Wednesday, June 24, 2009

Californians get 90-day foreclosure moratorium

Hedda Lettue, Romaine Green,
Emerald Bibb promote animal rights
At ground zero for foreclosures, a 90-day foreclosure moratorium is designed to get lenders to try harder to keep borrowers in their homes.

by Broderick Perkins
© 2008 DeadlineNews.Com
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Deadline Newsroom - Struggling Californian homeowners can breath a sigh of relief -- for three months.

A 90-day foreclosure moratorium is underway in the Golden State.

The law, effective June 15, 2009, is designed to get lenders to try harder to keep borrowers in their homes.

The Golden State is ground zero in sheer foreclosure numbers -- up to 90,000 combined default notices, scheduled auctions and bank repossessions are filed every month, more than any other state. The number represents nearly one in three foreclosure filings nationwide.

The moratorium applies to owner-occupied households; first mortgages or deeds of trust; loans recorded between Jan. 1, 2003 to Jan. 1, 2008; and mortgages that have no Notice of Default (NOD) recorded against the property.

Under the new law, loan companies have to prove they tried to modify loans of struggling homeowners before they can begin foreclosing. Otherwise, lenders must give homeowners the three month reprieve before they begin foreclosure.

In California, a loan modification program is one that modifies a borrower's loan terms by changing the interest rate, amortization schedule, principal loan amount, or other appropriate factors that results in achieving a 38 percent debt-to-income ratio for the borrower.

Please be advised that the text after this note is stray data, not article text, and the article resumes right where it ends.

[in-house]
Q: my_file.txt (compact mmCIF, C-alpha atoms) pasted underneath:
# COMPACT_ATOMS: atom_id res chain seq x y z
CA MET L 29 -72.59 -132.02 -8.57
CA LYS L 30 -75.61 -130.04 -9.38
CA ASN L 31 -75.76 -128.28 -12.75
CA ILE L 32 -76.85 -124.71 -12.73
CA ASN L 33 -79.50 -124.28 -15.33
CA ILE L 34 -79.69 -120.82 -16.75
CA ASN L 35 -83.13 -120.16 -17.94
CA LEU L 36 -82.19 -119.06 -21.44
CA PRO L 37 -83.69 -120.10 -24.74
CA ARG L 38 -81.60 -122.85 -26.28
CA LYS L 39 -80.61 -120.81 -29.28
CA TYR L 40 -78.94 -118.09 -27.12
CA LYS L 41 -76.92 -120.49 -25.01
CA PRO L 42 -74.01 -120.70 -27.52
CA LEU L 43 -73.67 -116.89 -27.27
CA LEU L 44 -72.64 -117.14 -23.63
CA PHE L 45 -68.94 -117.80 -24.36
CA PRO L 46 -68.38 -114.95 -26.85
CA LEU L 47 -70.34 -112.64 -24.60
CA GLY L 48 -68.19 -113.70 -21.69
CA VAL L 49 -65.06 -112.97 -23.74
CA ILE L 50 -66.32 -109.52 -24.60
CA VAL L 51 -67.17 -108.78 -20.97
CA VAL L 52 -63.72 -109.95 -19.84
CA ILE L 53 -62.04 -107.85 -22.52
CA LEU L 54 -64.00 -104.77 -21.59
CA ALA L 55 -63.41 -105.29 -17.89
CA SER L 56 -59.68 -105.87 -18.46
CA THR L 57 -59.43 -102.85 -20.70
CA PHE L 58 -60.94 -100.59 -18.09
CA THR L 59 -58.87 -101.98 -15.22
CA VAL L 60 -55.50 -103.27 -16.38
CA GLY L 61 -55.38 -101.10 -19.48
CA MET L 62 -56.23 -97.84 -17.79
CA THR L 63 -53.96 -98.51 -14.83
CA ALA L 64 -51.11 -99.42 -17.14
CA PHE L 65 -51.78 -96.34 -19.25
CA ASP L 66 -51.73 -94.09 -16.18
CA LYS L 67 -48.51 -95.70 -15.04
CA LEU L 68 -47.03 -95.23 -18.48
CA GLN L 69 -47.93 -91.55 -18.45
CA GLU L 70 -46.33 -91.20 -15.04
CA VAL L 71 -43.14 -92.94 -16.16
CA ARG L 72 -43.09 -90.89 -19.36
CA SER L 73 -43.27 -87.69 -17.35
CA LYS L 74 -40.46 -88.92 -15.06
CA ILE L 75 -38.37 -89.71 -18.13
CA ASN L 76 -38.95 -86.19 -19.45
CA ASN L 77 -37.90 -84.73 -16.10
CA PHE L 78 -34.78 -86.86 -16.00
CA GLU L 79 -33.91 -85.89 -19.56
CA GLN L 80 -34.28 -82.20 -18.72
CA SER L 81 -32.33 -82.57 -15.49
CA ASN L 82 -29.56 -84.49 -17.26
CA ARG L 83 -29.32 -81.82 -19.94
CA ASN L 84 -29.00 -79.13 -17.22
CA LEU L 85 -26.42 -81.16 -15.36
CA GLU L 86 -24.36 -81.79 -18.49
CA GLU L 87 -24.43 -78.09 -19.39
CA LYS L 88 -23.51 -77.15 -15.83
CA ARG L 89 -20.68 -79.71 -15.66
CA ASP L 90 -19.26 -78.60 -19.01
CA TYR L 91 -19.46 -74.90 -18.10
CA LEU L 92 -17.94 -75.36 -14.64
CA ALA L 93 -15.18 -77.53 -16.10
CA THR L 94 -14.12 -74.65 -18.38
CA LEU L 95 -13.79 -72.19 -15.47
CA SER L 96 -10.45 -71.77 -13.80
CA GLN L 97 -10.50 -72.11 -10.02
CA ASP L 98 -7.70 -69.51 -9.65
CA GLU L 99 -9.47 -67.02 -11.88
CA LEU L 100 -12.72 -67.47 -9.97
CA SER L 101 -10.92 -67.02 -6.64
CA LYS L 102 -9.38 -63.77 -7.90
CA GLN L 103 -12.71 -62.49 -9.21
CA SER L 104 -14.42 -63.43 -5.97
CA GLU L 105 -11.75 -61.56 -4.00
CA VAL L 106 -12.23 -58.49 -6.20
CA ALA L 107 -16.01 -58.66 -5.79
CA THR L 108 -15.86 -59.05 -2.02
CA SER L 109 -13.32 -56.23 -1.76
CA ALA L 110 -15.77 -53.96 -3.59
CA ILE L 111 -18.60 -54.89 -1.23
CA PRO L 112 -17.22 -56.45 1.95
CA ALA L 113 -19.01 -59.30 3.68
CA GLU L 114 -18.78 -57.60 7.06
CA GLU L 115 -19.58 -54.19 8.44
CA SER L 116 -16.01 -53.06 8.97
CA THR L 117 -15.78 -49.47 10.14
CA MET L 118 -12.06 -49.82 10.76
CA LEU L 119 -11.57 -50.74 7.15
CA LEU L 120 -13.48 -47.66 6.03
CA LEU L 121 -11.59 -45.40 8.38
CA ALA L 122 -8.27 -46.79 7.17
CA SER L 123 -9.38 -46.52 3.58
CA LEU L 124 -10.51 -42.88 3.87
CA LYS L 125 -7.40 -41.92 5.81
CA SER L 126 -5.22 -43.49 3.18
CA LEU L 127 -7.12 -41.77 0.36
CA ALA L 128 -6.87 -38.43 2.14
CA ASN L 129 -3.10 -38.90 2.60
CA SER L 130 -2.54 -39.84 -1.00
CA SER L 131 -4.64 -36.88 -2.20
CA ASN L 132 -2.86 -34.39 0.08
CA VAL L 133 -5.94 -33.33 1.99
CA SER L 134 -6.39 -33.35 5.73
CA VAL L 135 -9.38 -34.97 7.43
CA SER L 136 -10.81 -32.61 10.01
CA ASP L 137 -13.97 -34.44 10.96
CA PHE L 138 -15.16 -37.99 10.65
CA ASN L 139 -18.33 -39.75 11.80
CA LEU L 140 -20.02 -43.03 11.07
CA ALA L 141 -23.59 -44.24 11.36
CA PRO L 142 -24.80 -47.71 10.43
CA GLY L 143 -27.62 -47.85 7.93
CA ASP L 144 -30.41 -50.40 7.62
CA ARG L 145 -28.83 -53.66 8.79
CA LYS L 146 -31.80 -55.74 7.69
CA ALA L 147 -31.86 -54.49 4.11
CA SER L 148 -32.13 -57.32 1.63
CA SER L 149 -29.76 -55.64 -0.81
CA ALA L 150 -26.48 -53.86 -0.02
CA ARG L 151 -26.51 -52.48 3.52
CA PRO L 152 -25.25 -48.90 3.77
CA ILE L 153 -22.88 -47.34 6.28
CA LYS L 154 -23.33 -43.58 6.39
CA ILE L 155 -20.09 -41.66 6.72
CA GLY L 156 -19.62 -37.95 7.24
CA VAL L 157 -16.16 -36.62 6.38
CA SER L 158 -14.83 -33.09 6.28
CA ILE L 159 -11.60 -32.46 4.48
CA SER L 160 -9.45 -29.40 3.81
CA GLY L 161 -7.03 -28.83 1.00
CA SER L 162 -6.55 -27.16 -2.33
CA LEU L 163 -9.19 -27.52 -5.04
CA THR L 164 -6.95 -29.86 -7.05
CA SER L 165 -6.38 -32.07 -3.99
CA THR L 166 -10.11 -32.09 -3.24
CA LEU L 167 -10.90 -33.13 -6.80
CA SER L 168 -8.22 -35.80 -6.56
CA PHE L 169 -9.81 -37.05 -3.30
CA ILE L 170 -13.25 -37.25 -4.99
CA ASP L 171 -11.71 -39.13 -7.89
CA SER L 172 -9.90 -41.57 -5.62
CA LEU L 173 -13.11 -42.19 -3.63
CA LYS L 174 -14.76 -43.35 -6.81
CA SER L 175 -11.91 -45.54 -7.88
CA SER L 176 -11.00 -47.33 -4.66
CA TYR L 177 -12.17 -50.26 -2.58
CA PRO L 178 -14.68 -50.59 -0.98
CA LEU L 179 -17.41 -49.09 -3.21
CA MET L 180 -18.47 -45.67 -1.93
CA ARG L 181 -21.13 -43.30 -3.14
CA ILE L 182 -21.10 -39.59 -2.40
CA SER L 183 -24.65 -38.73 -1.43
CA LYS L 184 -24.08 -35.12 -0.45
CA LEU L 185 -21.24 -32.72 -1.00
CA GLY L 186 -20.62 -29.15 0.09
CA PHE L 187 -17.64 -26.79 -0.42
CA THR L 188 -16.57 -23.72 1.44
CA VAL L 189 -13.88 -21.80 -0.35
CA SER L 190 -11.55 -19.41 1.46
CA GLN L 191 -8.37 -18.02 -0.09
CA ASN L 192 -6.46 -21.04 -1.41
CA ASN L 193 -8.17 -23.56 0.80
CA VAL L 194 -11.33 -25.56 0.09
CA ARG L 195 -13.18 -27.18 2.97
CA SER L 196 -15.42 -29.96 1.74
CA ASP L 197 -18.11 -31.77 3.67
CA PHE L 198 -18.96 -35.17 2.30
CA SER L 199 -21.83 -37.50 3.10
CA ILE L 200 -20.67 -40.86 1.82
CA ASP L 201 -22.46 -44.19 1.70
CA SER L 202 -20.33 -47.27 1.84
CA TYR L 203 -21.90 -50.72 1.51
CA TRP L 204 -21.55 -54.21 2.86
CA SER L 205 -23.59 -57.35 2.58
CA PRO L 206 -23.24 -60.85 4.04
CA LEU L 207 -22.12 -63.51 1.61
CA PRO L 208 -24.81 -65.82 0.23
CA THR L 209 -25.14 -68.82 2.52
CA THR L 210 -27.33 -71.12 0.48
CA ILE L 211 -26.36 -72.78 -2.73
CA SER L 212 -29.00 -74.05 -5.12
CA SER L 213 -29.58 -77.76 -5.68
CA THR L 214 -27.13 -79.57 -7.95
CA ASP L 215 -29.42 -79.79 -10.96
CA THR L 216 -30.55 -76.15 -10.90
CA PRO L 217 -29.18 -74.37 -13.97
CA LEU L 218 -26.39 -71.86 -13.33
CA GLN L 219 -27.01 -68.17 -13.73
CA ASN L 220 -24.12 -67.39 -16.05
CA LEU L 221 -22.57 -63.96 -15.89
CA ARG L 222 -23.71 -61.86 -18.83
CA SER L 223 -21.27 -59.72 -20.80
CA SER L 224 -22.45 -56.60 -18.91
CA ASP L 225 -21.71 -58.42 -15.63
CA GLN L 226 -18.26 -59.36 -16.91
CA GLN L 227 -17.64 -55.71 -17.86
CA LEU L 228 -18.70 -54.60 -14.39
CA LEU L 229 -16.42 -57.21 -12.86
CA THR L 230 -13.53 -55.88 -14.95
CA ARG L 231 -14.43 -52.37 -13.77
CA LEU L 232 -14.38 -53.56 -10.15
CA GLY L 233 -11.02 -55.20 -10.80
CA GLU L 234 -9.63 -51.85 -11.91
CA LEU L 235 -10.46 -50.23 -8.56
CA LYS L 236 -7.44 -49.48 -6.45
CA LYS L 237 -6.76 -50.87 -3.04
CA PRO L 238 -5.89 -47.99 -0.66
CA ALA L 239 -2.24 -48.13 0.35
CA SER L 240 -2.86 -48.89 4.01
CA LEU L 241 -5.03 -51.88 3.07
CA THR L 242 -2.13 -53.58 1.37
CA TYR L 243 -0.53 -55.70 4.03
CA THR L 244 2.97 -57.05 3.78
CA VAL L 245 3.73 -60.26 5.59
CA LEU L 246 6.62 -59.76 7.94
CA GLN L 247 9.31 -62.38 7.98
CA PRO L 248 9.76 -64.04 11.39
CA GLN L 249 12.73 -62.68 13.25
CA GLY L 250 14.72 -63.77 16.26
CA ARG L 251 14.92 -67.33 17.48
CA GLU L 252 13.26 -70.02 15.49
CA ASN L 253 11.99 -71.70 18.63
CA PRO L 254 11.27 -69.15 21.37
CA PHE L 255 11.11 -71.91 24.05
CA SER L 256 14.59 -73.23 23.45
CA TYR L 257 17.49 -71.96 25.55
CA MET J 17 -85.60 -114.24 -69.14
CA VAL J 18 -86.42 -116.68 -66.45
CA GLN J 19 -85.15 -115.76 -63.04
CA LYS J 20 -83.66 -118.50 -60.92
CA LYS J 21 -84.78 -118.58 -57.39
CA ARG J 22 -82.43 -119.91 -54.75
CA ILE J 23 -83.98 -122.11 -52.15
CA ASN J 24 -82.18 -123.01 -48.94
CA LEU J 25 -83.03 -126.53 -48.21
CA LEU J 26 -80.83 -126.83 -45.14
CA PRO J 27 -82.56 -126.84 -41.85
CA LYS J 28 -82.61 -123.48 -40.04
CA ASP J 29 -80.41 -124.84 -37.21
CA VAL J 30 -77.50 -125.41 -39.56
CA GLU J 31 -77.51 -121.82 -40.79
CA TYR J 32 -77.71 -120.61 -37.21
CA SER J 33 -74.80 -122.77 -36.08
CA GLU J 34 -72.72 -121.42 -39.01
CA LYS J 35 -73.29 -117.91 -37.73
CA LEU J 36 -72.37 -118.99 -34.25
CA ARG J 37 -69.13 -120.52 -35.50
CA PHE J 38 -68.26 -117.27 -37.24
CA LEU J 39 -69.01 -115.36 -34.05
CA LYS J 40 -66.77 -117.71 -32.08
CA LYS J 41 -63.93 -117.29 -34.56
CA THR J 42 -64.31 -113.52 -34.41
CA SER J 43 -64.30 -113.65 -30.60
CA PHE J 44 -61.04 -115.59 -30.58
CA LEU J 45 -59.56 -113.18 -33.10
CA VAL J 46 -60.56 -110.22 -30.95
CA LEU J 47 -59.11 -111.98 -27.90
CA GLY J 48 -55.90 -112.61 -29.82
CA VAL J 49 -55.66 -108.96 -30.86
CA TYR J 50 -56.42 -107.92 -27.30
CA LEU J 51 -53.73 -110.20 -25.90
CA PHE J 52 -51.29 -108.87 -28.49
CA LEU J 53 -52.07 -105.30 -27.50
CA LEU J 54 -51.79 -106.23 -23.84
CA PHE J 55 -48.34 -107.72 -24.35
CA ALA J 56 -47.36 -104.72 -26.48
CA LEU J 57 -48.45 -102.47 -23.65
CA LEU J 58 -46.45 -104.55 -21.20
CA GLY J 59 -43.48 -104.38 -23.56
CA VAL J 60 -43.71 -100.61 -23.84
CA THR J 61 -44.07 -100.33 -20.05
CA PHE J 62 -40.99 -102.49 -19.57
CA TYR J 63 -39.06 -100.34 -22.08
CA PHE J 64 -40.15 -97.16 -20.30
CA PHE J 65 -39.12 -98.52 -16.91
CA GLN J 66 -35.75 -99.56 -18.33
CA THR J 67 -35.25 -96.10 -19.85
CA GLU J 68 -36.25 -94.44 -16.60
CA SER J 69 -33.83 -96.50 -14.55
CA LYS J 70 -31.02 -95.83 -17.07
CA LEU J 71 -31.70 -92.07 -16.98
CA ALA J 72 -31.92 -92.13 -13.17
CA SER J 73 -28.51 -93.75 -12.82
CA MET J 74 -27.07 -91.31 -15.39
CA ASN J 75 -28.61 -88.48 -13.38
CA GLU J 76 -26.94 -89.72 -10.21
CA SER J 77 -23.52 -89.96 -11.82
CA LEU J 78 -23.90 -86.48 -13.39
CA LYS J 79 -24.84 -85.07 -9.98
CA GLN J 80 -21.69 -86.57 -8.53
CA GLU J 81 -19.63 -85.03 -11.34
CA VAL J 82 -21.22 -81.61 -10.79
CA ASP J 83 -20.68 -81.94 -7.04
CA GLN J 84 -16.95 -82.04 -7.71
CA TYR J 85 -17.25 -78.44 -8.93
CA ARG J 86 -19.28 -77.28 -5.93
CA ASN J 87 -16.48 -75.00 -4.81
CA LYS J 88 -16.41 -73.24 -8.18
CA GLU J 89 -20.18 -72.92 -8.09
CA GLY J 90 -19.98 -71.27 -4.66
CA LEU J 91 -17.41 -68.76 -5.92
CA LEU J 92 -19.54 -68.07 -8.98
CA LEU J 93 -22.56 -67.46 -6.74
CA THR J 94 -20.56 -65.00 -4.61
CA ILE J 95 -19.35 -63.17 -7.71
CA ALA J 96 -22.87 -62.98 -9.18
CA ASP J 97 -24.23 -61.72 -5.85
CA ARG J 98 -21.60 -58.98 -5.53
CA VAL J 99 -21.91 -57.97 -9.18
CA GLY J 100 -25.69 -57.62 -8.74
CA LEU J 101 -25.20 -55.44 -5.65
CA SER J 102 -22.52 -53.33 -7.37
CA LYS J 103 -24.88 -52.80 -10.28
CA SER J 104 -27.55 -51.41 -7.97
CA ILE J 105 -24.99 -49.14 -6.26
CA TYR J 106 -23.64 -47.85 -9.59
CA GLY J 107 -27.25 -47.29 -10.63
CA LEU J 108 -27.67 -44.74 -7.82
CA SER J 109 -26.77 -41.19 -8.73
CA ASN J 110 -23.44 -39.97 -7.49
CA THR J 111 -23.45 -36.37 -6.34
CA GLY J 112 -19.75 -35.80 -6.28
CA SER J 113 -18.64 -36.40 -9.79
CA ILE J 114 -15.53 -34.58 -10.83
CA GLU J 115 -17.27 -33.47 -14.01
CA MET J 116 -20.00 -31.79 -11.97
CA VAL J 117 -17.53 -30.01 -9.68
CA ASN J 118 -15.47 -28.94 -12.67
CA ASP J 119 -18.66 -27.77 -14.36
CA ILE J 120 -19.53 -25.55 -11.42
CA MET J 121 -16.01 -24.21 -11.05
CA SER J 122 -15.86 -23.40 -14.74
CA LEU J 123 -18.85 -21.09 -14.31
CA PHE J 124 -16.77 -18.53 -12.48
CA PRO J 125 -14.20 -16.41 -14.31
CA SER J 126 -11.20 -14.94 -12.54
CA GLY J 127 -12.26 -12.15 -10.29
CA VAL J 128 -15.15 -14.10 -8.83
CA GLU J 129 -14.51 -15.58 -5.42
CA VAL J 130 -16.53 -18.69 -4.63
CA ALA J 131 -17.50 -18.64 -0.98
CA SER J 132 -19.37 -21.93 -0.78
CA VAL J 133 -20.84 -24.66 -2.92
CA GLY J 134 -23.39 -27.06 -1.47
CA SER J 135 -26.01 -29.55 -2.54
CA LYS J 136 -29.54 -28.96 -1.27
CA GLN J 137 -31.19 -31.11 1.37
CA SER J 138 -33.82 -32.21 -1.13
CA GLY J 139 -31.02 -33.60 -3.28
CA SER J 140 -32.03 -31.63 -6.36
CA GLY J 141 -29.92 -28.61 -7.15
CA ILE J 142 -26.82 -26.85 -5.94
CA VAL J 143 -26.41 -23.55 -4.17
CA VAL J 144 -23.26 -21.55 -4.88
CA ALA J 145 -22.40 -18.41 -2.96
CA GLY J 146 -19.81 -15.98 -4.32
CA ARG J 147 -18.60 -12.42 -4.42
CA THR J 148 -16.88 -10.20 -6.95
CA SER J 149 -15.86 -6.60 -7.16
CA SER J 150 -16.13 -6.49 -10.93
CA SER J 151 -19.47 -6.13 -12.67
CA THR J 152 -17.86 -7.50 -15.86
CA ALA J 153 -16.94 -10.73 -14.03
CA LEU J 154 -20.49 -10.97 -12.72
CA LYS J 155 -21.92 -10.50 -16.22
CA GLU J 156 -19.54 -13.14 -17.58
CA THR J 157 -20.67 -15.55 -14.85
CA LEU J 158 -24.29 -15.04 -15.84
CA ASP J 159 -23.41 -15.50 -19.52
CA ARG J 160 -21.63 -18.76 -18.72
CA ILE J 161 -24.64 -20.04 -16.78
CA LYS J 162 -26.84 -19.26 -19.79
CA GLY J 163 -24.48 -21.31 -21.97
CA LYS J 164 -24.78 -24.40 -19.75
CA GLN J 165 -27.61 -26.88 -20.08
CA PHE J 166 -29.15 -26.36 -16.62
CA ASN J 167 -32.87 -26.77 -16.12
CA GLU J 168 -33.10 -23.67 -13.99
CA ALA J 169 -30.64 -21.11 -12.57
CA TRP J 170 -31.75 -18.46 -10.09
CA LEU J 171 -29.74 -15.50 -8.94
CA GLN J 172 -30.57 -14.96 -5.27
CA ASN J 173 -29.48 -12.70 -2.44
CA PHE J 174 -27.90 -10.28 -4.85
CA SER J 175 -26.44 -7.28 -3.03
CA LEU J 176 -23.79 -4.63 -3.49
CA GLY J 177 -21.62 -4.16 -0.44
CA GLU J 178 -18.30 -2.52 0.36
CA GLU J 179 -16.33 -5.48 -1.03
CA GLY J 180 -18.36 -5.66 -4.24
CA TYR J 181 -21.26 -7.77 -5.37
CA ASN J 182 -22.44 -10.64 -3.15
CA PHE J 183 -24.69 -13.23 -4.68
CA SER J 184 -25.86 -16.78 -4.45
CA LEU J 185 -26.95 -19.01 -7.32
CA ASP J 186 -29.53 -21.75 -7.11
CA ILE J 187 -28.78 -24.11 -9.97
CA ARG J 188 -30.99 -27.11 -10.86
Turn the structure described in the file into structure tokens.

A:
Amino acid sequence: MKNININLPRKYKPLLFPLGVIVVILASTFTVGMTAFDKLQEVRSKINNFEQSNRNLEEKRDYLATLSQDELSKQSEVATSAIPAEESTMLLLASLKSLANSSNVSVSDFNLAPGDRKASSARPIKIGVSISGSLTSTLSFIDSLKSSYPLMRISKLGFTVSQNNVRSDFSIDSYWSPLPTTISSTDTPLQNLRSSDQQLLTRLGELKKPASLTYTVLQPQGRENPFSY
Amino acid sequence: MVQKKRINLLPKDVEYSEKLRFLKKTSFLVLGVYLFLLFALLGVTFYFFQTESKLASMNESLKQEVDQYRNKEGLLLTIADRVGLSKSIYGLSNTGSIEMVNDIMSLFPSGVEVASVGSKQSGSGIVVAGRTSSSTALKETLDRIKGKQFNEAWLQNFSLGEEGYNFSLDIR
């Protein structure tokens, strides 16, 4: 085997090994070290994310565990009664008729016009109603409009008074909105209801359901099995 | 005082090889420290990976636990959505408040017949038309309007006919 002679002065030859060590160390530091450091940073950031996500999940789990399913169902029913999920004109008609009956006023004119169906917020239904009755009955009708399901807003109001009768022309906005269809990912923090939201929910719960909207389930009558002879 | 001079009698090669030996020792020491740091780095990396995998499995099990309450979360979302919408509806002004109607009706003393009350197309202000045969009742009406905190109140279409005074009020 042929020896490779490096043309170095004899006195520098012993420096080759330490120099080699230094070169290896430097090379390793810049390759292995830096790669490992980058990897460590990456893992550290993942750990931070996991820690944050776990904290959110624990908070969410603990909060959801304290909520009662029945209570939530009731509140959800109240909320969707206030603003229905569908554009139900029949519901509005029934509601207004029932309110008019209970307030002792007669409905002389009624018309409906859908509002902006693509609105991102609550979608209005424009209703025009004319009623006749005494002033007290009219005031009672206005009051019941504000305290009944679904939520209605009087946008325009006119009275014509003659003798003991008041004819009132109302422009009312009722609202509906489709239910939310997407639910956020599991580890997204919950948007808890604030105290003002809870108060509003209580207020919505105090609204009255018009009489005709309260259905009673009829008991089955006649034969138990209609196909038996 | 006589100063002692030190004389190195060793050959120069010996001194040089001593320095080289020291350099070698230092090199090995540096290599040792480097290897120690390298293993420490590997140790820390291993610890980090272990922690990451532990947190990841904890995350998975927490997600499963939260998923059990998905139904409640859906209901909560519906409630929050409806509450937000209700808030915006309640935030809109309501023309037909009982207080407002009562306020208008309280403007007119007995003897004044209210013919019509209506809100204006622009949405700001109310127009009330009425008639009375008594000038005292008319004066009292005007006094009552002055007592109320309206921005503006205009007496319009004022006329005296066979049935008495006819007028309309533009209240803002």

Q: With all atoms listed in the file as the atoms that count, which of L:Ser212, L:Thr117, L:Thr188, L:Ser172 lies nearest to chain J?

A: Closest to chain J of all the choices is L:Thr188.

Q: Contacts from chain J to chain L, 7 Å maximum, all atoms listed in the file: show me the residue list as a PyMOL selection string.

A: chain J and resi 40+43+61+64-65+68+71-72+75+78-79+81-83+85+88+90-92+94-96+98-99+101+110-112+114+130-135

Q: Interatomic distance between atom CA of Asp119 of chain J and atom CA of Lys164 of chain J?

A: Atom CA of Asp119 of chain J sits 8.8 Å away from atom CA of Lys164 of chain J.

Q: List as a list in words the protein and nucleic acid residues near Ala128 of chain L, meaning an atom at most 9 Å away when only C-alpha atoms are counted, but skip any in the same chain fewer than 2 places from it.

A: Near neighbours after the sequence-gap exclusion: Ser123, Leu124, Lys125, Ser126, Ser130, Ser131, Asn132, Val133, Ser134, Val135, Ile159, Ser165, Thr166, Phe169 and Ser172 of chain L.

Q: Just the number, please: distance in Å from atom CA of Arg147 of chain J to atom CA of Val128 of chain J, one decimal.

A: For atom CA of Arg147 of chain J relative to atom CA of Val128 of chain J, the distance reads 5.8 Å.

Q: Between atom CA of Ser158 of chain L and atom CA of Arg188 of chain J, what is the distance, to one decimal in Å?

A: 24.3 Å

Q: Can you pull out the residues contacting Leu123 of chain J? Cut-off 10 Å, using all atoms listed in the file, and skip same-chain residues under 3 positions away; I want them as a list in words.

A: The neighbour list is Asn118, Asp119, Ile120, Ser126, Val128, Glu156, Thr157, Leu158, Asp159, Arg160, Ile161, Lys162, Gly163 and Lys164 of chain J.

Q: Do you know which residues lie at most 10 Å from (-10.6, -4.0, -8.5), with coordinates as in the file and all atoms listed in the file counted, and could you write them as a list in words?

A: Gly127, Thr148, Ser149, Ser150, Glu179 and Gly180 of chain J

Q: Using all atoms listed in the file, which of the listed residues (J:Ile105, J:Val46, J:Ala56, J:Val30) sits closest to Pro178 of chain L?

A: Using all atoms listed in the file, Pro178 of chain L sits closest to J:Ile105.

The California Foreclosure Prevention Act is somewhat compatible with efforts under the Obama Administration's effort. The federal effort does, however, have provisions for modifying second mortgages.

Unfortunately for some homeowners, the law also comes with many exemptions, including:

• Lenders who have a mortgage modification program in place that meets state requirements for modifications aren't required to comply with the law.

• Lenders who can document that a modification will result in a greater loss than a foreclosure don't have to apply the moratorium to such loans.

• Loans purchased, serviced, or used as collateral by California Housing Finance Agency (CalHFA) aren't qualified for the moratorium.

• Loans where the borrower has surrendered the property, contracted with an organization to extend the foreclosure process, or has an open bankruptcy case are not eligible for the moratorium.
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Broderick Perkins, an award-winning consumer journalist, parlayed 30 years of old-school journalism into a digital real estate news service, the San Jose, CA-based DeadlineNews Group, including DeadlineNews.Com, a real estate news and consulting service and Web site, and the Deadline Newsroom, DeadlineNews.Com's news back shop.

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